The future for banking by television may have brightened with AT&T Corp.'s announced agreement last week to acquire Tele-Communications Inc.
AT&T, because of its telephone heritage, has the two-way communications capability that the cable television industry is groping for.
TCI has the high-capacity "pipes" of cable TV, reaching 13.5 million homes in its own right and many more through programming and other alliances.
Bankers have been eyeing two-way cable for years as a potential mass- market channel for delivering remote services. At about 70% penetration, twice as many U.S. homes are wired for cable as have personal computers with modems. And the cable industry, led by TCI, is intent on distributing a new generation of set-top boxes with Internet access.
The technology has come a long way since some failed cable-banking experiments earlier in the decade by Meridian Bank (since absorbed into First Union Corp.), National Westminster Bank and Shawmut Bank (now Fleet Financial Group), and Barnett Banks (now owned by NationsBank Corp.).
Andy Sernovitz, president of the Association for Interactive Media in Washington, which includes 12 banks in its 300 members, said the advent of the Internet took some of the steam out of early interactive TV experiments.
"The Internet came so fast and so suddenly that everyone was surprised by its scope," Mr. Sernovitz said. With advances in security and software, "many obstacles to interactive banking have been removed. To put it (banking) on the TV instead of the Internet is only a matter of construction."
He said the AT&T-TCI combination would "bring more resources to the table to build in high-end functionality. We're a lot further along than anyone had expected."
AT&T's interest in cable should give banks a greater appreciation for their role in interactive television, said Catherine Corby, who oversaw Barnett Banks' early experimentation and has been a strong advocate of the medium. Now director of retail strategy at Earnings Performance Group of Short Hills, N.J., she said, "The investment is too massive for banks to think that they'll be leaders."
"The telcos will lead the way with the infrastructure into homes," Ms. Corby added, and banks can focus on being content providers that profit through strong brand identities and relationships with customers.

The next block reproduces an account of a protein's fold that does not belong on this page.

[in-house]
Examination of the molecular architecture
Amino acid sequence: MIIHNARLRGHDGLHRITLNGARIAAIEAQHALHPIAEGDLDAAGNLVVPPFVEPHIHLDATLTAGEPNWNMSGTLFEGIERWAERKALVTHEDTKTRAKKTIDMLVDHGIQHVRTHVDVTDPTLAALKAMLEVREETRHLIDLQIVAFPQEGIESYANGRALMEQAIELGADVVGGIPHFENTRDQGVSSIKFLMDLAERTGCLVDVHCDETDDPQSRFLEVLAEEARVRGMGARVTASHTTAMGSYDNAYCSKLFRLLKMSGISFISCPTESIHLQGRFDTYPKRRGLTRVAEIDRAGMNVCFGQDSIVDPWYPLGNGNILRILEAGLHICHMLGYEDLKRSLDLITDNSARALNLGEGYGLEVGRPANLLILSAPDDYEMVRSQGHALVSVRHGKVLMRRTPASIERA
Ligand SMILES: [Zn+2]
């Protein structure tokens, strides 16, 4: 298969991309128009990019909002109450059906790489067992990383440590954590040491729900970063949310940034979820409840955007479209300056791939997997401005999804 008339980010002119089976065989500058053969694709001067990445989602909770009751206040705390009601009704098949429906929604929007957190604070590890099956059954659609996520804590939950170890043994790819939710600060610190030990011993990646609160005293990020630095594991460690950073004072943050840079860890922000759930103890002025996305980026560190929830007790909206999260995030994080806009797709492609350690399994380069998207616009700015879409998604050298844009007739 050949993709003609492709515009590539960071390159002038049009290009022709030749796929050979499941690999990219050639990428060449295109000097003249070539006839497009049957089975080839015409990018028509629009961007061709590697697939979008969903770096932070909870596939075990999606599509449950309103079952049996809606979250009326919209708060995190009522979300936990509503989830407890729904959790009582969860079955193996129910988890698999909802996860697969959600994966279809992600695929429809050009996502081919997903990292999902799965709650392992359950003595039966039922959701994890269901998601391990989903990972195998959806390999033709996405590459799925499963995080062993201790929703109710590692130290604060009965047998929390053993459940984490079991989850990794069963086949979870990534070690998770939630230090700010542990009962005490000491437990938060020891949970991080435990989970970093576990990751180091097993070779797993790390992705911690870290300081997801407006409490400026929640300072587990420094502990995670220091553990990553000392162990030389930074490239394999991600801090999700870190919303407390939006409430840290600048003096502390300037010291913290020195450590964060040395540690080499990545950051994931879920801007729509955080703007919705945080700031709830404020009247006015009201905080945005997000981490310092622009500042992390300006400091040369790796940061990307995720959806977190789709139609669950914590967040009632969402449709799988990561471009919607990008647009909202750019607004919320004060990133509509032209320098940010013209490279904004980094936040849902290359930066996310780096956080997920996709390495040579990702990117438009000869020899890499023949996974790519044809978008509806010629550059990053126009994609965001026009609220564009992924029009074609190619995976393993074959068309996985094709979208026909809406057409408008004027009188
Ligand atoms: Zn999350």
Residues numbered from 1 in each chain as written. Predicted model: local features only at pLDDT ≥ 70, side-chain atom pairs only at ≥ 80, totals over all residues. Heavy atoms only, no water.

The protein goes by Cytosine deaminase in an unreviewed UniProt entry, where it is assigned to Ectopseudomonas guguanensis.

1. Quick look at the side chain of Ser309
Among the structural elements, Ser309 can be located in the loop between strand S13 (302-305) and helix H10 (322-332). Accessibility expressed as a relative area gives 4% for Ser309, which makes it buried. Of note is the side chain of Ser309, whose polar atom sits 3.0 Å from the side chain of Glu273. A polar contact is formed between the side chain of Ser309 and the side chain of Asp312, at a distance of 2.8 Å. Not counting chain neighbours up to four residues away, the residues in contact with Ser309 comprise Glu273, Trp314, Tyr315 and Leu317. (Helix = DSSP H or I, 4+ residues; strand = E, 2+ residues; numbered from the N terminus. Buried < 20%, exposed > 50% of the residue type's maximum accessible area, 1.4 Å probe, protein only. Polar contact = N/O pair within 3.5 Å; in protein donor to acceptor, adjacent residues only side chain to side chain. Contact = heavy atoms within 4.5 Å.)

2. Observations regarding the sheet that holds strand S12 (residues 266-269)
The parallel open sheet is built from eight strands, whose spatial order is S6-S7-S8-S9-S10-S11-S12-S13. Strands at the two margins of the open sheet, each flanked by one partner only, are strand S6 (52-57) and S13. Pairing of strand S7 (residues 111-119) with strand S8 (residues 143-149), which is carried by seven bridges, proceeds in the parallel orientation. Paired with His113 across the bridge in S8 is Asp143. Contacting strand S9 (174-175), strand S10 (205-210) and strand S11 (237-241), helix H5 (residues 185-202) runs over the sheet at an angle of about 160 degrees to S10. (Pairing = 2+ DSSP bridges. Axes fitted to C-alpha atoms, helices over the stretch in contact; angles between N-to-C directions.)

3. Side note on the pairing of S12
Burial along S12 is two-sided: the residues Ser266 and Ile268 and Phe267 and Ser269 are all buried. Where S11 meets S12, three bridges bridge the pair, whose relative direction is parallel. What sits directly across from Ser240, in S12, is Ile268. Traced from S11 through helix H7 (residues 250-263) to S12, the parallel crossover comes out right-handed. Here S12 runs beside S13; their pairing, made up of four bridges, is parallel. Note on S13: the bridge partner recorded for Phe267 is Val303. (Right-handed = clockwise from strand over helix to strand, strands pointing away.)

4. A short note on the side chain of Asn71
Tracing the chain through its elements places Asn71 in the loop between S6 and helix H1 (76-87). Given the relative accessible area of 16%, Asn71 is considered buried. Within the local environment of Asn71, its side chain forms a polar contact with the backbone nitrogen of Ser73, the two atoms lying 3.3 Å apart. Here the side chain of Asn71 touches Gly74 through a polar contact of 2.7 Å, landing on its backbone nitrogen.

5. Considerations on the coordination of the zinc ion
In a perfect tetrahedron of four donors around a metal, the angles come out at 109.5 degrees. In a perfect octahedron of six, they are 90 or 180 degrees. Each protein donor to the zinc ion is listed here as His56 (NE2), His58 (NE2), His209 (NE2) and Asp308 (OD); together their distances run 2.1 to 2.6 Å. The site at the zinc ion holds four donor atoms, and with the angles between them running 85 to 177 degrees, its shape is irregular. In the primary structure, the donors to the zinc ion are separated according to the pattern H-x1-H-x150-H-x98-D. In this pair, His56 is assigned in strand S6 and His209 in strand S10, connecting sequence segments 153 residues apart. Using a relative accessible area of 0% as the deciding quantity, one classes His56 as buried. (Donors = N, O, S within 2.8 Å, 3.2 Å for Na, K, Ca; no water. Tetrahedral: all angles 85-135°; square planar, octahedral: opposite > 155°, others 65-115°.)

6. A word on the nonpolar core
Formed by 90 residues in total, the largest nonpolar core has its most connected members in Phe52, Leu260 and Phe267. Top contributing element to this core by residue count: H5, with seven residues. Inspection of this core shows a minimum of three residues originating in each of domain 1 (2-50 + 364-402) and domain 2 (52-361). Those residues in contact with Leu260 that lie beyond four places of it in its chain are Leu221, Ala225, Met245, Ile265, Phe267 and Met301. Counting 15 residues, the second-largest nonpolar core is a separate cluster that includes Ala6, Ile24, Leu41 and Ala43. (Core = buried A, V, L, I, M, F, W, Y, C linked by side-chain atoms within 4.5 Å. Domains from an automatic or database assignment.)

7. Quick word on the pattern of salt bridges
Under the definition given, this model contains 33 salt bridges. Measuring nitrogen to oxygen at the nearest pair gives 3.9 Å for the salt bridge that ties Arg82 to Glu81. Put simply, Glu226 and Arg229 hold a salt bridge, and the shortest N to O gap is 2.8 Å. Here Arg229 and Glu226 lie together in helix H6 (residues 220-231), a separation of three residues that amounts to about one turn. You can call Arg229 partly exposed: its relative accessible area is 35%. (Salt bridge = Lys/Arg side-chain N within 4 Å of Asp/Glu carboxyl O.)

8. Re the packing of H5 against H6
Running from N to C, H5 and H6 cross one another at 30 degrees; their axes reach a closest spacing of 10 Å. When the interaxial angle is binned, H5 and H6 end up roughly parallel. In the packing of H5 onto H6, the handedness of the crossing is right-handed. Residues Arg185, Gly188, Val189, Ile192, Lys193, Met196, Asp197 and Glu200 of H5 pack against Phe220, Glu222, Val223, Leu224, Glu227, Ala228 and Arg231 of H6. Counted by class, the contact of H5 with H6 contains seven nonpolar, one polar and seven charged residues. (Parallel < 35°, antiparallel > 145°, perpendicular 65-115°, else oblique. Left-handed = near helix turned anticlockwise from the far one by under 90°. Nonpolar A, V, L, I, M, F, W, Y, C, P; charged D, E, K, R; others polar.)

Edward D. Horowitz, executive vice president of advanced development at Citicorp and a former executive of the media conglomerate Viacom Inc., reserved judgment on how banks will fare until the deal plays out. He noted that AT&T has always worked in an "open world" where anyone can connect to anyone. Cable operators, by contrast, "are fundamentally gatekeepers. They determine what their customers see.
"It is our hope that this transaction will result in an open world," Mr. Horowitz said. He added that some banks may be able to secure positions as preferred providers of financial services on the cable television provider's "front screen."
According to one estimate, AT&T would spend five years and $9 billion to upgrade TCI's network. Within five years of completing the deal, AT&T hopes to sell access to the Internet to 30% of TCI's cable customers.
AT&T sees it as a worthy and competitive investment because cable companies and regional telephone companies-the group consisting of the so- called Baby Bells-own the only direct communications links into homes and businesses.
TCI also happens to be involved in a joint venture with BankAmerica Corp., Intuit Inc., and Home Network, which attracted new attention to cable as a potential financial channel when it was announced in March. BankAmerica is the lead shareholder and said it expects to keep the system open to other financial institutions.
Consumers would be able to check account balances and transfer funds between accounts; electronically receive, review, and pay bills; manage investments; shop and apply for mortgages, other loans, and insurance; and prepare and file taxes. Services are expected to be available in 1999.
Michael de Vico, executive vice president at BankAmerica's interactive banking division, said the joint venture "has not been affected" by its merger deal with NationsBank nor AT&T's with TCI.
"Television, in terms of a customer device, is a natural," said Mr. de Vico. "With the growth rates in Internet usage, now is the time to invest in this delivery channel. Our goal is to be a primary provider of financial services over interactive TV."
Distributing electronic services via a cable network has distinct advantages, he said. Most notably, the bigger bandwidth allows faster transmissions at higher volumes than competing technologies. "Cable can be hooked into other Internet-enabled devices, so it is broader than just TV," Mr. de Vico said.
For its $48 billion, AT&T would be purchasing most of TCI's cable and digital assets, including its 42% stake in Home, whose interactive technology reaches 100,000 customers. TCI would rank second to Time Warner Cable in subscribing homes.
AT&T spokesman Mark Siegel said it was "too soon to tell" what plans AT&T has for interactive banking.
"We don't know enough to say what specific offers we'll have," Mr. Siegel said. "But the idea is to give people maximum choice and flexibility in all the communications choices they get." For example, "if someone wants high-speed Internet access all day over the TV, we'll make it available."